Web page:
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This chapter reviews the recent promising advances in the use of plasmonic nanostructures forming metamaterials to improve absorption of light in thin-film solar photovoltaic (PV) devices. Sophisticated light management in thin-film PV has become increasingly important to ensure absorption of the entire solar spectrum while reducing semiconductor absorber layer thicknesses, which reduces deposition time, material use, embodied energy and greenhouse gas emissions, and economic costs. Metal nanostructures have a strong interaction with light, which enables unprecedented control over the propagation and the trapping of light in the absorber layer of thin-film PV. The literature is reviewed for both theoretical and experimental work on multiple nanoscale geometries of plasmonic absorbers and PV materials. Finally, the use of nanostructures to improve light trapping in PV is outlined to guide development in the future.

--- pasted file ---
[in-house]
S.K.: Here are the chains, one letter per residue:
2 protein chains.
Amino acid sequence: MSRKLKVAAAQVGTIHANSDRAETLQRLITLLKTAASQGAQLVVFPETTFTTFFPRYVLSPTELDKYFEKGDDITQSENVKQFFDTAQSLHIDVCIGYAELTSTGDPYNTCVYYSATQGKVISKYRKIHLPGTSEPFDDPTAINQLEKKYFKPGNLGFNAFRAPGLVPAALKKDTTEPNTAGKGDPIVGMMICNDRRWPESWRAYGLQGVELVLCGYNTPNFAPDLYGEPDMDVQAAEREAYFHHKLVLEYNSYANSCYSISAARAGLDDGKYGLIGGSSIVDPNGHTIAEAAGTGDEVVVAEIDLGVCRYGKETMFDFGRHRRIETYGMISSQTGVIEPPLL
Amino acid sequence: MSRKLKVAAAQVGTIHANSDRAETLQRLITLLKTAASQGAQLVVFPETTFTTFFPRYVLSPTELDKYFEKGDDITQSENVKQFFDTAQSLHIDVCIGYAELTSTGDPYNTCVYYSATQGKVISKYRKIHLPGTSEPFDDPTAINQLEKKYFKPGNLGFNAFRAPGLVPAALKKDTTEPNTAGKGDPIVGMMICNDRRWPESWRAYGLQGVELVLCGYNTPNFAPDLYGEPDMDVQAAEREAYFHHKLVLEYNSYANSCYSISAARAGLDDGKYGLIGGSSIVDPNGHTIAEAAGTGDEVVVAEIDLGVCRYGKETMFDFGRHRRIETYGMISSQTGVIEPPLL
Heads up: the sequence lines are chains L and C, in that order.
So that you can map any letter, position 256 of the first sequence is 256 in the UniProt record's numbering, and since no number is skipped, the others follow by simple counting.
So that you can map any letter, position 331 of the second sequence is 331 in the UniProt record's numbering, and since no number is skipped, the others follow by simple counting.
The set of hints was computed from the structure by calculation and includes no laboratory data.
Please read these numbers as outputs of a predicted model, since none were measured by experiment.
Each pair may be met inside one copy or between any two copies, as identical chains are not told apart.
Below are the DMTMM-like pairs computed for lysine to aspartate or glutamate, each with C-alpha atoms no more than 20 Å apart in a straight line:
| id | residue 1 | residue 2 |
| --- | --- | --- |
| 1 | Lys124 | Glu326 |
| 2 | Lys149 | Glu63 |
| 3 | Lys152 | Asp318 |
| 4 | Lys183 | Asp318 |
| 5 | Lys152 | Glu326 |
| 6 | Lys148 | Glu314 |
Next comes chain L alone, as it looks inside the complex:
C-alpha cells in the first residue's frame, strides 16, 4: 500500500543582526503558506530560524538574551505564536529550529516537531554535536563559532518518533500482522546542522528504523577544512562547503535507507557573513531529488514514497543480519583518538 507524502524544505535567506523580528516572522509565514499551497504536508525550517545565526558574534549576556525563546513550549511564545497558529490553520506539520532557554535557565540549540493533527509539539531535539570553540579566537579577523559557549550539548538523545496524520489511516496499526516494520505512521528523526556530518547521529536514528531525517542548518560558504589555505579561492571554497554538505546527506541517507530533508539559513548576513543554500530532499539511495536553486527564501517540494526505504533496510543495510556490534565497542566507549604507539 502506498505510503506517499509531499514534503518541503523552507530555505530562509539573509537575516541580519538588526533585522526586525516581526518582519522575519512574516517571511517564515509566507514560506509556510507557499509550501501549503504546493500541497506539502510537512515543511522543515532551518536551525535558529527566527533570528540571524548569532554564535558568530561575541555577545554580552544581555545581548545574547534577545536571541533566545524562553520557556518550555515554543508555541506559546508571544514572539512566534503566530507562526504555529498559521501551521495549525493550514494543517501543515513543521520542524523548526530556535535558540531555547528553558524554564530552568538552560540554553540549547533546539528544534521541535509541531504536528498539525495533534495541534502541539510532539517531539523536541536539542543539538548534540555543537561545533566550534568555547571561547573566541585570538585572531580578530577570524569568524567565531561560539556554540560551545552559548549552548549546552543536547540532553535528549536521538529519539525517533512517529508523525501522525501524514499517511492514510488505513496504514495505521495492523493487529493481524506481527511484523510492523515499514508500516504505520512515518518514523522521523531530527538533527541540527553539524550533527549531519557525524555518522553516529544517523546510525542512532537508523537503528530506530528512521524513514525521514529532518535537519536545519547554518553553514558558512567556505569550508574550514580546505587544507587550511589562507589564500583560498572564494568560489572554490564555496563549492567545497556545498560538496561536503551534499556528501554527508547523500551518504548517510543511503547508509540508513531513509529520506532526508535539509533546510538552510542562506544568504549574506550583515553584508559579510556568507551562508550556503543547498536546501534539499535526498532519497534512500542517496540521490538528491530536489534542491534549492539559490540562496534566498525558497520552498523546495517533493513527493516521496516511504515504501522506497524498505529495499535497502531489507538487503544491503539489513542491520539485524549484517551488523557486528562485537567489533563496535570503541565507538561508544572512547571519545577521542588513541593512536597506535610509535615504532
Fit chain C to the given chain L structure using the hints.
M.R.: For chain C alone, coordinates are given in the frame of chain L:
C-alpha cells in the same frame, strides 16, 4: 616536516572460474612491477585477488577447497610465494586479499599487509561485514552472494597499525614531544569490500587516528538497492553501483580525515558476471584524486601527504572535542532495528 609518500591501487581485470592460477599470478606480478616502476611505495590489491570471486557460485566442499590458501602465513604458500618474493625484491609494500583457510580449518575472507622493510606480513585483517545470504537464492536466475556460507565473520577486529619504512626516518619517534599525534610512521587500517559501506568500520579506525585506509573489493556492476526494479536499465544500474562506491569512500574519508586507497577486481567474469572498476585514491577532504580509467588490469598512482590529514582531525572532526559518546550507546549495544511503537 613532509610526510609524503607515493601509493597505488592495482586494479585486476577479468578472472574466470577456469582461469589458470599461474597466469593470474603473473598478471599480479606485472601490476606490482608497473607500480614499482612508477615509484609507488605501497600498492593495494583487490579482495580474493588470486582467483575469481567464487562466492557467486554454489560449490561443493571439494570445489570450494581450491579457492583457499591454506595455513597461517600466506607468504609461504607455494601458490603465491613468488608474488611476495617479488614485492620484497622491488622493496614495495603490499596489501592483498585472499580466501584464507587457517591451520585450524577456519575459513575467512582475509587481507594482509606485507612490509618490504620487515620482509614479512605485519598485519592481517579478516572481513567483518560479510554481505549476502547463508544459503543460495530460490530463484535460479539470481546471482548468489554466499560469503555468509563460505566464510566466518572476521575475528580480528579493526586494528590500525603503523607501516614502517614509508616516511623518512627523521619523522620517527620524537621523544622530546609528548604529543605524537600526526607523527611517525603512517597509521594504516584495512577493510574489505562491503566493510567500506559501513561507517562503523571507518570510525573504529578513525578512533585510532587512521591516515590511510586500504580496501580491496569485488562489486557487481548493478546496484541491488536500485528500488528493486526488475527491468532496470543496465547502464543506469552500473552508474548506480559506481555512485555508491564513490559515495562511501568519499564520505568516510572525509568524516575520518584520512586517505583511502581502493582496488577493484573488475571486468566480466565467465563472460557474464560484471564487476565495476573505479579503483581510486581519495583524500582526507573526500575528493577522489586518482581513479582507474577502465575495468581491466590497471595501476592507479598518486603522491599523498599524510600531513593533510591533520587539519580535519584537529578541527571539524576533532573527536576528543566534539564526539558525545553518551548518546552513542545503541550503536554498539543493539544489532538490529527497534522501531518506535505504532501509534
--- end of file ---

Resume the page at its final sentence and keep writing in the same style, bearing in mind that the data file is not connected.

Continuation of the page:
Pearce Publications: Energy Conservation Energy Policy Industrial SymbiosisLife Cycle Analysis Materials Science Open Source Photovoltaic Systems Solar CellsSustainable Development Sustainability Education


Source
J. Gwamuri, D. Ö. Güney and J. M. Pearce, "Advances in Plasmonic Light Trapping in Thin-Film Solar Photovoltaic Devices", in Solar Cell Nanotechnology, Atul Tiwari (Editor), Rabah Boukherroub (Editor), Maheshwar Sharon (Editor), Wiley, ISBN: 978-1-118-68625-6 Preorder

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